U.S. talks about tough measures with Arafat

Sunday, January 27, 2002

WASHINGTON -- President Bush is holding a threat of diplomatic isolation over the head of Yasser Arafat to force the Palestinian leader to accept responsibility for a weapons smuggling operation and to take other steps to curb terror attacks on Israel.

Bush angrily accused the Palestinian Authority on Friday of "enhancing terror" by trying to smuggle a boatload of weapons from Iran. Despite repeated U.S. demands, Arafat has not acknowledged responsibility.

The president and his senior advisers reviewed potential U.S. sanctions at a White House meeting that prompted outrage from Palestinian officials.

No deadline was set for Arafat to comply, senior U.S. officials said. But he will be watched closely for signs that he intends to dismantle terror groups and arrest Palestinian officials involved in the smuggling episode, the officials said on condition of anonymity.

A senior official said that sanctions could be imposed at any point, depending on how Arafat responds to what Secretary of State Colin Powell called "a clear, stern message" that he must accept responsibility for the smuggling operation. Sanctions could include cutting off contact with the United States and closing the Palestinian office in Washington.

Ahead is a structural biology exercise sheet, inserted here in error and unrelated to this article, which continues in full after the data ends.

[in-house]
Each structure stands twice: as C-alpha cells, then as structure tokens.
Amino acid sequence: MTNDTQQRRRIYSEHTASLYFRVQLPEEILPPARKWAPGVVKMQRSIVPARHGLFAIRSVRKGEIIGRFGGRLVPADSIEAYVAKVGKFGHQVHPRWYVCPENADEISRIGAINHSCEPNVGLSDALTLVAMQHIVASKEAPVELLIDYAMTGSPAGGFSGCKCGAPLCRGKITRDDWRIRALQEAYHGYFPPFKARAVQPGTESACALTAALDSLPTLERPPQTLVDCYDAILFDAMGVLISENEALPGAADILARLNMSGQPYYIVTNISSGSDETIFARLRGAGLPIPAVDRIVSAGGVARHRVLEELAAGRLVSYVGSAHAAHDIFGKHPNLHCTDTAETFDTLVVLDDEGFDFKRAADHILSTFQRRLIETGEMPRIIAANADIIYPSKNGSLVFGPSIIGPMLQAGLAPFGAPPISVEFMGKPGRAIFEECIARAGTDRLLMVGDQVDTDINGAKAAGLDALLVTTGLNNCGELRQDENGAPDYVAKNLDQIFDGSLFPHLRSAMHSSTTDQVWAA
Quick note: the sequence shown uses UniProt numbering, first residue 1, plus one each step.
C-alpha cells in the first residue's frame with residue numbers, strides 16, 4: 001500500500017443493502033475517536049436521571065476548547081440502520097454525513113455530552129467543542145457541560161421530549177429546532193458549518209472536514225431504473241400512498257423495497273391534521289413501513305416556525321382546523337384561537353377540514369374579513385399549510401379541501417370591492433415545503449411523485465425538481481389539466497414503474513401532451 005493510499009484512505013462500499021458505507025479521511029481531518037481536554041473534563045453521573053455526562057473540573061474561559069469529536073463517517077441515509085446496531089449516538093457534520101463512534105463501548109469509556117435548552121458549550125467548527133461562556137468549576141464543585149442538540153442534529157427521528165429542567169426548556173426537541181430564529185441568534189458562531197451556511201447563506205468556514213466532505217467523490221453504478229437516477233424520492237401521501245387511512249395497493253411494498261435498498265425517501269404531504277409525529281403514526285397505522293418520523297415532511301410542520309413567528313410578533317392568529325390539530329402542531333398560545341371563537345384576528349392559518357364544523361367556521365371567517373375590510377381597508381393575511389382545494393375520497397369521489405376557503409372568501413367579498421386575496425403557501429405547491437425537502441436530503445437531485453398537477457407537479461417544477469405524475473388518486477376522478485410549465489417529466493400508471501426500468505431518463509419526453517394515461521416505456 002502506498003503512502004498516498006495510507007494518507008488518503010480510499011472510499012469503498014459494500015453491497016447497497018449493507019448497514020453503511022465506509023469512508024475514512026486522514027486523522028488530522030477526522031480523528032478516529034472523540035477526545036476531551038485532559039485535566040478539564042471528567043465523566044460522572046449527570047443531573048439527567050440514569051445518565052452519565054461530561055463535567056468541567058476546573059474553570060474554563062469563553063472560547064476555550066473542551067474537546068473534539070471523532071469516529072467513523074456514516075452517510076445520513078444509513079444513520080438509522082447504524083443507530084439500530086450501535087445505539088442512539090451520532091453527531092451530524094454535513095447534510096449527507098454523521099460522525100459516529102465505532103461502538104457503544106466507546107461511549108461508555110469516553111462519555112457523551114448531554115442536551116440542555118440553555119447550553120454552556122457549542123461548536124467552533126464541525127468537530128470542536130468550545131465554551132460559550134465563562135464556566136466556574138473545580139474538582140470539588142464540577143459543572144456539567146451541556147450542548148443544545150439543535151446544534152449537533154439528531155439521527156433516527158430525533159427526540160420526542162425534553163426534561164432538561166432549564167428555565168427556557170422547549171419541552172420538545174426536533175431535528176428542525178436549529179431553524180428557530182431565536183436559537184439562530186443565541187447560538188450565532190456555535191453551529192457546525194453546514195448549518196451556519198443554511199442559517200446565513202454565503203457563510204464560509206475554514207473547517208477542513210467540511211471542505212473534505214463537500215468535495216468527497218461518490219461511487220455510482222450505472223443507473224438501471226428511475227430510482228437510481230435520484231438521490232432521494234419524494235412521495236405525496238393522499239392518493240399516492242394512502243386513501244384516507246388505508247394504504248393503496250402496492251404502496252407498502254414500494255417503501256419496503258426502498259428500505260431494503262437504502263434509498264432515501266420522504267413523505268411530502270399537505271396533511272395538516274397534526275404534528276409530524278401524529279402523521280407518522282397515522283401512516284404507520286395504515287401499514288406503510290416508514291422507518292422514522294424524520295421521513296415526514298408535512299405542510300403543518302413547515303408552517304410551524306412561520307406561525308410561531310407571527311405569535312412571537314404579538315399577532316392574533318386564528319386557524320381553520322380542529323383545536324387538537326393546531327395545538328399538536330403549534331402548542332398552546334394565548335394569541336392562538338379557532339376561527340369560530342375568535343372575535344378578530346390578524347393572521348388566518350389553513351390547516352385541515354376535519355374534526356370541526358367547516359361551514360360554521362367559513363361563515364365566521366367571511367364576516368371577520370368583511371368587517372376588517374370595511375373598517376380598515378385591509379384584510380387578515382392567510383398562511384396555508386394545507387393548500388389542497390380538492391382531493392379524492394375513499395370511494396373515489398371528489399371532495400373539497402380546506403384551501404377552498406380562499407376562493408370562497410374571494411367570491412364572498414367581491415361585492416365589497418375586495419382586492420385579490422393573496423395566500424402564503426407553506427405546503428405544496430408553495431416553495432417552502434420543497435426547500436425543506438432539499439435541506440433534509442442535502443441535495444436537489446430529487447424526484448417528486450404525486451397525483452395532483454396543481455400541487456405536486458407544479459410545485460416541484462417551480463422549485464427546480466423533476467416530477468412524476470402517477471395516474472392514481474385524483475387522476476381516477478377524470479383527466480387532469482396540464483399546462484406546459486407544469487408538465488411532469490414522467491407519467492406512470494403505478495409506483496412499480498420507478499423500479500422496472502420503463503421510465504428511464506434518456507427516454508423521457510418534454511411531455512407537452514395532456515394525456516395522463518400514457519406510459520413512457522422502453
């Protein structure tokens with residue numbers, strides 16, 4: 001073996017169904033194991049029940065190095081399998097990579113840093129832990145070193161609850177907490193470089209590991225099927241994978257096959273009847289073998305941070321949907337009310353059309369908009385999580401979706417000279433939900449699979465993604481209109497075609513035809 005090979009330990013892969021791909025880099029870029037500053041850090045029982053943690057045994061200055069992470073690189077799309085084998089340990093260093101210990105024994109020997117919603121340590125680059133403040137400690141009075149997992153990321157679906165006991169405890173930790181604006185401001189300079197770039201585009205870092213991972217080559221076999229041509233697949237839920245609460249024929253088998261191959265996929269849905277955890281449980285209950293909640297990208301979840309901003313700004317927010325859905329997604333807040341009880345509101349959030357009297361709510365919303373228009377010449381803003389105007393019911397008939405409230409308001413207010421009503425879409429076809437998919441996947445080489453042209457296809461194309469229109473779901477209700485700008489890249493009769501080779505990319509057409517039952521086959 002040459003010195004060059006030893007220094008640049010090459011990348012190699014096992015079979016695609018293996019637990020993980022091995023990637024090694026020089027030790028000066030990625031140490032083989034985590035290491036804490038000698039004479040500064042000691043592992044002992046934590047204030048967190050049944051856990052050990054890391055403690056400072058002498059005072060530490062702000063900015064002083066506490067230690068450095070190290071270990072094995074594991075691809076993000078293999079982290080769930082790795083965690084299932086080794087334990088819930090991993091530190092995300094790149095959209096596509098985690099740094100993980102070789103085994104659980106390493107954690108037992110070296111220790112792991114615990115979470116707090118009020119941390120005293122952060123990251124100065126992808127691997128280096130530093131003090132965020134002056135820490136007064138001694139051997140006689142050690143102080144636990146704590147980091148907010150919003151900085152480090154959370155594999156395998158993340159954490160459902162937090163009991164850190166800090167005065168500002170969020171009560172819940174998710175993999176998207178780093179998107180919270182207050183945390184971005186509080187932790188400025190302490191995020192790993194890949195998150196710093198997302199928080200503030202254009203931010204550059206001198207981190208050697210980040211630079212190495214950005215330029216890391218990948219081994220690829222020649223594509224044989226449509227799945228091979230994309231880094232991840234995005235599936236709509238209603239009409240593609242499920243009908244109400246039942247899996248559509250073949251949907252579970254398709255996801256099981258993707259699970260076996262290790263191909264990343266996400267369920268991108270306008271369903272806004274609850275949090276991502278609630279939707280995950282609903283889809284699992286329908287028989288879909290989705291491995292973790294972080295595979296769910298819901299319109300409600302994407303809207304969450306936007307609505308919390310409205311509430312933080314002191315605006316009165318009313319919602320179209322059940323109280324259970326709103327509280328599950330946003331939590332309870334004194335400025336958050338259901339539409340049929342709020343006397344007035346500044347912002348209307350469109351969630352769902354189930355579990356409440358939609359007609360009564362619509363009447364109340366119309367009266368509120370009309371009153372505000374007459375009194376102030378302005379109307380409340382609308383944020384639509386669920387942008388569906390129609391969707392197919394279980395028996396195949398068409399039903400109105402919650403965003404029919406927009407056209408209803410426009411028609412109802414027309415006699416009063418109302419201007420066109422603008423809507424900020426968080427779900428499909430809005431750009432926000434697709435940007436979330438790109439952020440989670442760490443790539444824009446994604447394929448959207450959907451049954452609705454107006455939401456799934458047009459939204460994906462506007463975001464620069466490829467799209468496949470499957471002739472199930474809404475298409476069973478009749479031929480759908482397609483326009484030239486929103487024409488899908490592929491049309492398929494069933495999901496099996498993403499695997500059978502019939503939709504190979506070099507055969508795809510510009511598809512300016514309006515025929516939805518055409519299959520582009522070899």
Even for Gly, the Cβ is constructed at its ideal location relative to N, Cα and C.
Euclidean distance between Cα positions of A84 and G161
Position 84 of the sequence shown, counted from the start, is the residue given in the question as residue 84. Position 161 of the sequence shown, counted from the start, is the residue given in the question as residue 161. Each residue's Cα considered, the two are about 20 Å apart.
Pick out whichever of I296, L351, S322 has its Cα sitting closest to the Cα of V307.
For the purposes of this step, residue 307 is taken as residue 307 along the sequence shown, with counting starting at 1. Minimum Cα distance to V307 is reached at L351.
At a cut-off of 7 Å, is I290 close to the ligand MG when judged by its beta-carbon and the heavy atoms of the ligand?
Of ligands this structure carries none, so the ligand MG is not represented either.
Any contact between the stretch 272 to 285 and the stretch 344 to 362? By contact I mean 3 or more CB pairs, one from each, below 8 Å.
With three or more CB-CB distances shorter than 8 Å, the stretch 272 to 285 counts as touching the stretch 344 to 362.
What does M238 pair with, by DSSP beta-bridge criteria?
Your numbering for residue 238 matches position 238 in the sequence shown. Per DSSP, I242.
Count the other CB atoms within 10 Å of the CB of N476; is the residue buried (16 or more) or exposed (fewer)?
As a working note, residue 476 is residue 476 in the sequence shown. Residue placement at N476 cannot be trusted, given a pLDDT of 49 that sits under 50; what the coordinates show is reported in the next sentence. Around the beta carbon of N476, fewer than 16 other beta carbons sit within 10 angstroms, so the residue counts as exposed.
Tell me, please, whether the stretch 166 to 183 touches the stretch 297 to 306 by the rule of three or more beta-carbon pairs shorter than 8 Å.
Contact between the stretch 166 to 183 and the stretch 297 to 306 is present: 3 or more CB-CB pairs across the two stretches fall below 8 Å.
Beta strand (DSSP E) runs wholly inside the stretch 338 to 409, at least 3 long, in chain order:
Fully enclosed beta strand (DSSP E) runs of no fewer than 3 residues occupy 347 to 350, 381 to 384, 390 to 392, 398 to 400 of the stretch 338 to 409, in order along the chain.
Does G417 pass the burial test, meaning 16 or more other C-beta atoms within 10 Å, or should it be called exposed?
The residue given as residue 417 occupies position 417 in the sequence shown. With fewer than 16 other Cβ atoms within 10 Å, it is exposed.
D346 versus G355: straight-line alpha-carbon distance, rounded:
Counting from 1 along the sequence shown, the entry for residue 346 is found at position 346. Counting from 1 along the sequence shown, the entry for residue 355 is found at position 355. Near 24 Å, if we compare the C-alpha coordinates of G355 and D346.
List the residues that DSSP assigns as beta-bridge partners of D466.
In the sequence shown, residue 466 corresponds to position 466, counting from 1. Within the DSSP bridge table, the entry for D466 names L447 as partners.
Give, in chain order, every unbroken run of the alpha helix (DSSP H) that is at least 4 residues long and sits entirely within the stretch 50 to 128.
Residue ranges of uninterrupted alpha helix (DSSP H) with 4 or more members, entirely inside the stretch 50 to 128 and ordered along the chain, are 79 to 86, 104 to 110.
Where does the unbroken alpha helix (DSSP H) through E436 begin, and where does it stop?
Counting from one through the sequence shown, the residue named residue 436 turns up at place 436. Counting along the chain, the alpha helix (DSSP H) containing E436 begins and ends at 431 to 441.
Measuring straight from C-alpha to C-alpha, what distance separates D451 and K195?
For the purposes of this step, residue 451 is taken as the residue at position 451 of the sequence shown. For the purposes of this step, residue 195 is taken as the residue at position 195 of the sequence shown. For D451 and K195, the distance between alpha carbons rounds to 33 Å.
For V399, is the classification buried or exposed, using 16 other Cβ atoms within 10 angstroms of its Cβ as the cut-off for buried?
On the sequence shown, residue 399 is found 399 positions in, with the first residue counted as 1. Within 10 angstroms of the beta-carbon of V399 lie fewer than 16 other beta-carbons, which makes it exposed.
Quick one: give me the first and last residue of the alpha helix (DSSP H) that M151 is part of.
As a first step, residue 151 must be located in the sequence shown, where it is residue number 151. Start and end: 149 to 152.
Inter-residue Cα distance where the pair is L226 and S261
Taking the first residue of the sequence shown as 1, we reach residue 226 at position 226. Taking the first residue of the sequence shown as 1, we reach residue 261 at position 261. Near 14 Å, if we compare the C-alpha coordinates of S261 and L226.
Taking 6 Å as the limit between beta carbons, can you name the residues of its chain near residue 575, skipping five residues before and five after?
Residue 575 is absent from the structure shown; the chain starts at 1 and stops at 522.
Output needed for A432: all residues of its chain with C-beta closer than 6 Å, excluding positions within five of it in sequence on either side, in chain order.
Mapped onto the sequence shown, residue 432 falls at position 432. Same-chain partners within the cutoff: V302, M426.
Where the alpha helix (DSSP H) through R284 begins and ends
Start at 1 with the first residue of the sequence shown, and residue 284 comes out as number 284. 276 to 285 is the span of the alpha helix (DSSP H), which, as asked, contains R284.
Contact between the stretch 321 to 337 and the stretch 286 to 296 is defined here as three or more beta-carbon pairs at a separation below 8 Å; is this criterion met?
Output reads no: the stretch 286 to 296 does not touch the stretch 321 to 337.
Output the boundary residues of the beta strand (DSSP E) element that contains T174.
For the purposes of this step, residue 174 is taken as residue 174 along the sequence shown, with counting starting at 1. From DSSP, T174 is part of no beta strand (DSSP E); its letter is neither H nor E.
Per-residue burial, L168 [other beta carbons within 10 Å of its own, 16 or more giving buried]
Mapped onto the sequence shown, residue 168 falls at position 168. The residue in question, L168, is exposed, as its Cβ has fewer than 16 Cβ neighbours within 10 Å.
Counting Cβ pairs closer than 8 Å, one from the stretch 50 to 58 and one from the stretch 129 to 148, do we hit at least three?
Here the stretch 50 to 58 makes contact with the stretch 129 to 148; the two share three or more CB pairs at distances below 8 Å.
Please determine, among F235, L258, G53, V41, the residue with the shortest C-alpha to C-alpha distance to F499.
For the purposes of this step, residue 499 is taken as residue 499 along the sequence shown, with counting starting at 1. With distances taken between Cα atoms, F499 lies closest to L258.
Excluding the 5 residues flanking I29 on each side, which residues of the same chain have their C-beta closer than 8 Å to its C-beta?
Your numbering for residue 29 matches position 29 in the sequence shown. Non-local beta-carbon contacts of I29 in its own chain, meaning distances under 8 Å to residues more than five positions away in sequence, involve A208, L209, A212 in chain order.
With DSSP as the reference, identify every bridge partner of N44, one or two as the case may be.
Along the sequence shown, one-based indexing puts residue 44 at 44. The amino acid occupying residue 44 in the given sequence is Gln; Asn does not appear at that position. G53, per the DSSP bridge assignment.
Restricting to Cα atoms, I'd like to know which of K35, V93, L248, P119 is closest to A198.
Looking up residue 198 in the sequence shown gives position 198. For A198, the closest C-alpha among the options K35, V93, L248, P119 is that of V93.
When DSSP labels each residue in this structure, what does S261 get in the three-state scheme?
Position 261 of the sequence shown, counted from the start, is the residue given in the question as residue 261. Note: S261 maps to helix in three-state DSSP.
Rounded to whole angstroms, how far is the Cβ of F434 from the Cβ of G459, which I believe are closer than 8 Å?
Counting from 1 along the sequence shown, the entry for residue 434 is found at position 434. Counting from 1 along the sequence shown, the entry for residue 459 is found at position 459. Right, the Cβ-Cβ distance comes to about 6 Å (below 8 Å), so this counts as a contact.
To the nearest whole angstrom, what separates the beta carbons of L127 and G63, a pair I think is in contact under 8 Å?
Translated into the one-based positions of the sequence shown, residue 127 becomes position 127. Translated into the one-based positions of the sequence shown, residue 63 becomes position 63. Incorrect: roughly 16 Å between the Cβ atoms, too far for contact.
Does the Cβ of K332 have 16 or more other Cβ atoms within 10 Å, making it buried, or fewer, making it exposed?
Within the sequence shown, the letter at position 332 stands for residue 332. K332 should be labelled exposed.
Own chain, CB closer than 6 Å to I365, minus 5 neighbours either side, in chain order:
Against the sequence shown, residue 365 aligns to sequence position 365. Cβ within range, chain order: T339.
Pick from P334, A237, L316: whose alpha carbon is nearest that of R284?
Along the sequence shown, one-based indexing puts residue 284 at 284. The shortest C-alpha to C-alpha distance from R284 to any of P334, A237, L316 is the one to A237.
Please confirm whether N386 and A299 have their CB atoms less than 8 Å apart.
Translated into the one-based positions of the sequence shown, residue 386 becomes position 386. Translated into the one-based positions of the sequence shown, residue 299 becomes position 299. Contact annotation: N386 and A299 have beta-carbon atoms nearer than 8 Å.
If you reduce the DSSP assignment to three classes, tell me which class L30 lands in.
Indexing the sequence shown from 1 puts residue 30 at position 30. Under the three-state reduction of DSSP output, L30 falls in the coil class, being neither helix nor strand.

"This kind of activity is constantly undercutting our efforts," Powell said on PBS' "NewsHour." "This is in some ways a moment of truth for Chairman Arafat."

Senior administration officials said even the least hawkish option, recommended by Powell, would require Arafat to take specific anti-terror actions before the United States would renew its suspended mediation role in the Middle East.

'Disappointed' with Arafat

Declaring he was "very disappointed" with Arafat, Bush said, "Ordering up weapons that were intercepted on a boat headed for that part of the world is not part of fighting terror. That's enhancing terror."

Israeli commandos seized the Karine A in the Red Sea on Jan. 3 and rushed intelligence experts to Washington to inform the Bush administration. They said the rockets, mortar and explosives could have devastated Ben Gurion Airport outside Tel Aviv and spread terror throughout Israel.

In Ramallah, the West Bank town where Israeli soldiers have Arafat under virtual house arrest, a top adviser said severing ties would "cause an earthquake" in the Middle East.

The adviser, Nabil Abu Rdeneh, said Bush should act instead against Israeli Prime Minister Ariel Sharon "and not receive him in the White House."

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